Chemical and Physical Properties of Lycopene its Food Sources and Enteral Absorption

Lycopene is the most commonly encountered of that subgroup of the naturally occurring carotenoids that have a straight-chain poly-isoprenoid molecule without any terminal ,3-ionone ring structures (Figure 1). The chain length and number of conjugated double bonds determine the absorption spectrum, which peaks at 472 nm with a molar extinction coefficient, e1/o of 3450. It is one of the most nonpolar members of the carotenoids, and in organic solution it is also one of the most easily oxidized and thus is easily destroyed, which necessitates the use of rigorous precautions against its oxidative destruction during its extraction and analysis from plants, foods, animal tissues, and body fluids. Currently, such analytical determination is usually based on high-performance liquid chromatography (HPLC), using either its characteristic light absorption property, or its natural fluorescence, or its redox character, for detection and quantitation by absorbance or fluorometric or electrochemical detection. Another characteristic that greatly affects its stability and the problems of its storage and analysis is the phenomenon of cistrans isomerization. Naturally occurring lycopene in tomatoes, the major human food source of this carotenoid, is nearly 100% all-trans (Figure 1), but during the processing of food, and then during the processes of absorption and accumulation in animal tissues, there is a progressive increase in the proportion of a variety of cis-forms. Most of these cis-forms contain a single cis-bond (mono-cis-lycopene), and the 5-, 9-, 13- and 15- mono-cis-lycopenes account for more than 50% of the total lycopene in human serum. Smaller quantities of di-cis-lycopenes are normally also present. Curiously, another food source of lycopene, red palm oil, has a much higher natural proportion of the cis-forms of the pigment. Isomerization is catalyzed by low pH; therefore, stomach acid is believed to be a major factor in the conversion of the all-trans-lycopene ingested from tomatoes and their products to a mixture of cis-forms in the digestive tract. There is also evidence that further isomerization occurs between the digestive tract and the portal lymphatic lipid micelles. The cis-isomers differ from the all-trans form in their absorption and intertissue transportation properties, and also in their functional characteristics; for instance, they are more soluble in lipophilic solvents and structures and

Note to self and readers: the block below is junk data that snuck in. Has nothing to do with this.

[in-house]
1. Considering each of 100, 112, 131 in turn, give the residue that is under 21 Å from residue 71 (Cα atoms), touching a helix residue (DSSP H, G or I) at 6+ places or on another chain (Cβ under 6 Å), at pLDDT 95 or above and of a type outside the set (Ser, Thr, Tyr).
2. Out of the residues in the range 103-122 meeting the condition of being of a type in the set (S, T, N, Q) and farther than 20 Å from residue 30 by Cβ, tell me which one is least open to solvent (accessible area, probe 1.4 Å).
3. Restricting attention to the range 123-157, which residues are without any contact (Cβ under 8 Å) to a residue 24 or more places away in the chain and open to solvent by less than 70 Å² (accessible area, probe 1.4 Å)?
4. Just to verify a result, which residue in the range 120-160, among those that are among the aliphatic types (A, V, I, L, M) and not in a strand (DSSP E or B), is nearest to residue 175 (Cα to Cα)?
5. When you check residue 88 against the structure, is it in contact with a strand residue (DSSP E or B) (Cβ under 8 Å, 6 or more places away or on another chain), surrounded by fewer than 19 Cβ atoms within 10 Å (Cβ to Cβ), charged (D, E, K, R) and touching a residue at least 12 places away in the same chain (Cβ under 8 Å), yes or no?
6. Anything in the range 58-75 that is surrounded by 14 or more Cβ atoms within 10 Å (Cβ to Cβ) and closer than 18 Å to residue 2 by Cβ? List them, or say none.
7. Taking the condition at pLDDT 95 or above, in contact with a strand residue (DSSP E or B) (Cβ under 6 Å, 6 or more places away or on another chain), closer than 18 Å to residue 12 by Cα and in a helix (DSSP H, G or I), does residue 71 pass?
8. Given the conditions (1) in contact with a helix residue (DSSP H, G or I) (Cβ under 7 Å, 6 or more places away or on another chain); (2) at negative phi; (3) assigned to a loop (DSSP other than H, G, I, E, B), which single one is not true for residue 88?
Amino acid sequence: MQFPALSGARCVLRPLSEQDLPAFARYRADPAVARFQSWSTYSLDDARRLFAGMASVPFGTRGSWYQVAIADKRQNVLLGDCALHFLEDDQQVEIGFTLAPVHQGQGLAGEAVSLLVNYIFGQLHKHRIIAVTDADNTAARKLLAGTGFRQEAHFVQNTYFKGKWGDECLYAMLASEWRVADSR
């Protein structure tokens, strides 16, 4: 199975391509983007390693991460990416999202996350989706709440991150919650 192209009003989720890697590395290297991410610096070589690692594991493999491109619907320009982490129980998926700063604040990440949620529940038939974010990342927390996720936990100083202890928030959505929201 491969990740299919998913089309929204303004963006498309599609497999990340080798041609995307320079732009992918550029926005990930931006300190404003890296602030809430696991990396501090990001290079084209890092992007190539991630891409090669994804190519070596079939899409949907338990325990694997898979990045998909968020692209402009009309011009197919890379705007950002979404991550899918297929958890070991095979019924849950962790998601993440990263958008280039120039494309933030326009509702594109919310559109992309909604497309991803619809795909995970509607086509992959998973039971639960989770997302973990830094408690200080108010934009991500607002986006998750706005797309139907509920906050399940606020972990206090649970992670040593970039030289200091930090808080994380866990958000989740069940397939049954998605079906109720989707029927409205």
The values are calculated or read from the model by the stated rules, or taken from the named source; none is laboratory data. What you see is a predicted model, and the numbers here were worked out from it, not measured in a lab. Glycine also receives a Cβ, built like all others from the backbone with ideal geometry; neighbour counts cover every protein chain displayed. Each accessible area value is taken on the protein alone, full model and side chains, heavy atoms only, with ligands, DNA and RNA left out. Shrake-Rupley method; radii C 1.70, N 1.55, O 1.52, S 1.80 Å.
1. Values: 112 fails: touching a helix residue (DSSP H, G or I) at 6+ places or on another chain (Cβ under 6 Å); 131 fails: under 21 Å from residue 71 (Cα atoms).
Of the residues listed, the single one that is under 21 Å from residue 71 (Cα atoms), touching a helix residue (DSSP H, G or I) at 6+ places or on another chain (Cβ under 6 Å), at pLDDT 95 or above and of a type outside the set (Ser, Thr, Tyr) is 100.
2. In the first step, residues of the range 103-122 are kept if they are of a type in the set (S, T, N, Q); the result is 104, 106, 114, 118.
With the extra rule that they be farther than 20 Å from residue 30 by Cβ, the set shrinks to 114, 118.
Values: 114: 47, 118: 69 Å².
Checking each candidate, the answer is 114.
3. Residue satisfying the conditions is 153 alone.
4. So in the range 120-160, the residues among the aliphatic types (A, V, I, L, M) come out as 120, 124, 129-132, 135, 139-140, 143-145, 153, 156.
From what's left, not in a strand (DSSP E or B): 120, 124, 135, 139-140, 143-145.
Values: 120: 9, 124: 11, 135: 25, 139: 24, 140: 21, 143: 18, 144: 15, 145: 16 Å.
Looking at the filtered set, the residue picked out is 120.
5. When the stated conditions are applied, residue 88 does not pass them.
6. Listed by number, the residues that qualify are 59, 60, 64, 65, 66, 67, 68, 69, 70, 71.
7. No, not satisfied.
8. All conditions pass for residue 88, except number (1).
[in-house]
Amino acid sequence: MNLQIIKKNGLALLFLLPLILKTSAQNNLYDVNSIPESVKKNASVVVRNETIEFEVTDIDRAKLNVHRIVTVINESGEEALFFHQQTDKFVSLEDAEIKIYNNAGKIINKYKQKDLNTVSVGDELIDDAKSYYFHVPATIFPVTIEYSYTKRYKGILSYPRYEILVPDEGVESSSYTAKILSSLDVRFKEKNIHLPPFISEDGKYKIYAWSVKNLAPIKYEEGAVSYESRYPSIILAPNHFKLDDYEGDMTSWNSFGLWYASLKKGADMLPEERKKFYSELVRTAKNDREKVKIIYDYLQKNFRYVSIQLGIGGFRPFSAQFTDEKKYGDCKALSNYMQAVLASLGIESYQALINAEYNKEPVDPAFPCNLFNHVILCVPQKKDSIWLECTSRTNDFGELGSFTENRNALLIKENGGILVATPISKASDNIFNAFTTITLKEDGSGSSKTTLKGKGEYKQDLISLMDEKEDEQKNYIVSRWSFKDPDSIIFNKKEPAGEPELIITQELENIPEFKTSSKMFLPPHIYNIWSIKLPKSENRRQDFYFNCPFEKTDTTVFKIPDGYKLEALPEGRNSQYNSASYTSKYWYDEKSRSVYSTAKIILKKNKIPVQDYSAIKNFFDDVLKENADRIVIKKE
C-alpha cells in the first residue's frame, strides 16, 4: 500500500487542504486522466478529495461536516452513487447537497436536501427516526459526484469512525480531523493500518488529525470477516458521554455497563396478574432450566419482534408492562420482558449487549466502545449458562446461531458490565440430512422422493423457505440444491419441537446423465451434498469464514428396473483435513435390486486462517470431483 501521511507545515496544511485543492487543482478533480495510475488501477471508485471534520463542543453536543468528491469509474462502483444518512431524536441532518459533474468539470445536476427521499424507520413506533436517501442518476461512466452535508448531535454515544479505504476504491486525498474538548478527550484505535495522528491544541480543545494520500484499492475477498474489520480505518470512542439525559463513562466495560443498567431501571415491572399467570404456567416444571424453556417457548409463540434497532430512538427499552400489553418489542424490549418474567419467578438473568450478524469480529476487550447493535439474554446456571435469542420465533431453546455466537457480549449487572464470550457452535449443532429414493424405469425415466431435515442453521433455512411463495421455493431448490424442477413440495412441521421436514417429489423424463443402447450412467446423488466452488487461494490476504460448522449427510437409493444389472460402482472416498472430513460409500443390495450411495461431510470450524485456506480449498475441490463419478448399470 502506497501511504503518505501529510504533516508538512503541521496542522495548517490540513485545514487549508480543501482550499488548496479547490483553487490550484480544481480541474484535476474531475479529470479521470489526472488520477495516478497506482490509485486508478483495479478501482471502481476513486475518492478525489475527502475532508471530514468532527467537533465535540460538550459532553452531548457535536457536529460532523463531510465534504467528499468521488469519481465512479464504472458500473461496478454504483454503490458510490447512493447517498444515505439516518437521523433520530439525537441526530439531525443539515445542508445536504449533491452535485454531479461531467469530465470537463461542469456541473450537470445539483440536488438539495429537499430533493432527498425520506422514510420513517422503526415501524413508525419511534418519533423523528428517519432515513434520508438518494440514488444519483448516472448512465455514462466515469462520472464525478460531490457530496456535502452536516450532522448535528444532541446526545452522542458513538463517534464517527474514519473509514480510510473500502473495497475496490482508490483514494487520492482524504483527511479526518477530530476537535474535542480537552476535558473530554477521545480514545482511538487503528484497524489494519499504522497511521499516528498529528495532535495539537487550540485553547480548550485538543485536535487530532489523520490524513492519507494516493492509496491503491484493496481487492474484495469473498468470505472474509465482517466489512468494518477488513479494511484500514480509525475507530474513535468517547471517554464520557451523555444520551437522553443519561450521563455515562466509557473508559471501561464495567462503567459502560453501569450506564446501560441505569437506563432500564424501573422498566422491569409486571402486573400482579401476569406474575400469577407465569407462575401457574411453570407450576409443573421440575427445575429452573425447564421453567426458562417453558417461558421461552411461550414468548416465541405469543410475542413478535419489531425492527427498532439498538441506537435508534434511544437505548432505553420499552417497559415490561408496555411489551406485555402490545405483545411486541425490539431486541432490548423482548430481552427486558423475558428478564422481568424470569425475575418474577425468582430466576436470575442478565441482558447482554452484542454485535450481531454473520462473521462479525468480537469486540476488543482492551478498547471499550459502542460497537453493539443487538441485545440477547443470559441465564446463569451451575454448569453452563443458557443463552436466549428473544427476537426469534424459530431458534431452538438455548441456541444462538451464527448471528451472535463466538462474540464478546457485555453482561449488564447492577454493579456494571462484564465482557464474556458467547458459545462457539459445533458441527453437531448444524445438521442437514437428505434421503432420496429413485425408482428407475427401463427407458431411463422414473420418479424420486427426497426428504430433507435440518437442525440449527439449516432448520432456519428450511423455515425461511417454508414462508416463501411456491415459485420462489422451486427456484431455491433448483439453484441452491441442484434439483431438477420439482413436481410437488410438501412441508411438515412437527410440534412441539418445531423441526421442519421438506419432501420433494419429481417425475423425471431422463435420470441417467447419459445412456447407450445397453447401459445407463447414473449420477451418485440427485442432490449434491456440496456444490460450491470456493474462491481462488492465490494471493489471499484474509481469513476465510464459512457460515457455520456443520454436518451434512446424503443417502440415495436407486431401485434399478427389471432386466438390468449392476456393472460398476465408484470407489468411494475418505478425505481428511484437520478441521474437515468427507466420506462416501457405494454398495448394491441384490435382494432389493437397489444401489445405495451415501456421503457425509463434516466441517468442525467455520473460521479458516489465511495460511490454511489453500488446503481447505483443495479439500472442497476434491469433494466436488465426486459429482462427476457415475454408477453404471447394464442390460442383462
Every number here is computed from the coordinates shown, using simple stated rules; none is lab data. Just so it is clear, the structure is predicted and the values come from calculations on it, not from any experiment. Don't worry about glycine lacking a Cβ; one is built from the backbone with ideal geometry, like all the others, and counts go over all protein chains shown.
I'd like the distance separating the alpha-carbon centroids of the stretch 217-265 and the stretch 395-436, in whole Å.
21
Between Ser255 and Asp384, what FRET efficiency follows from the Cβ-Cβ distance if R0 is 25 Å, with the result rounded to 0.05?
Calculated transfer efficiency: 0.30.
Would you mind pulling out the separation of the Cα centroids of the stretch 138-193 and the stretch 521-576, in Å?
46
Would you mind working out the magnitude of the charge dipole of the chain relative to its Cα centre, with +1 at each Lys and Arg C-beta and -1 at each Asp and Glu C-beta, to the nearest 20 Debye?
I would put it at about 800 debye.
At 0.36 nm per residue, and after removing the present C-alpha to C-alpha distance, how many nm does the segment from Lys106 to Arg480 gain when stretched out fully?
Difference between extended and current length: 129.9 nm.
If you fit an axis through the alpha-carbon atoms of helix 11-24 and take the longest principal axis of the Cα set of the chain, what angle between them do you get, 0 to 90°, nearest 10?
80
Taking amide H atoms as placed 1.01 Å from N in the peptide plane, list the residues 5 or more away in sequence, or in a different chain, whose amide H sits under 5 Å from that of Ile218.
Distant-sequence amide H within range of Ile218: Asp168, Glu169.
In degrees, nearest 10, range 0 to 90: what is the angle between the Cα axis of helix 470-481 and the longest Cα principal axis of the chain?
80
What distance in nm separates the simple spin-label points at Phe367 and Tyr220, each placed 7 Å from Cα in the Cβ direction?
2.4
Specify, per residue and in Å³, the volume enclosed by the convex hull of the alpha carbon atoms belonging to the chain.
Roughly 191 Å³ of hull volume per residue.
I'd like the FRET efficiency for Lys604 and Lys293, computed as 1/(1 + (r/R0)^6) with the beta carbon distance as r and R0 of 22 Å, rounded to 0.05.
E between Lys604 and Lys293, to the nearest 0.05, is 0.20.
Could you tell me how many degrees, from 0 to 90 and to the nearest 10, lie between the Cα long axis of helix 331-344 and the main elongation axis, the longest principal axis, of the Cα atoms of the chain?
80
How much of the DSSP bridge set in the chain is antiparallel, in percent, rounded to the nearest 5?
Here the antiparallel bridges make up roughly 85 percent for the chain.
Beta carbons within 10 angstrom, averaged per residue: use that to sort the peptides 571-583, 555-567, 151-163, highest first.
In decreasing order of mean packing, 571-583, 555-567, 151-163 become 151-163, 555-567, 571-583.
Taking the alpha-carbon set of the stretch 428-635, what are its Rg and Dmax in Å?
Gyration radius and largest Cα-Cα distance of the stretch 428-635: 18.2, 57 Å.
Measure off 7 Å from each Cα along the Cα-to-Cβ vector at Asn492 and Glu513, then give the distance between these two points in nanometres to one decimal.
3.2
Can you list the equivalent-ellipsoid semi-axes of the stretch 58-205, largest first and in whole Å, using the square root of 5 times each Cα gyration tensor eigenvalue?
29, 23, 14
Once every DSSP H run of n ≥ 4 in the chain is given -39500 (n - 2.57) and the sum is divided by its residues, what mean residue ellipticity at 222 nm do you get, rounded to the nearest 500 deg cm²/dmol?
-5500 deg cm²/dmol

All-trans lycopene

All-trans lycopene

5-cis lycopene

All-trans ^-carotene

All-trans ^-carotene

All-trans «-carotene

All-trans «-carotene

Lutein

Figure 1 Structures of lycopene and certain other carotenoids found in human blood and tissues.

Lutein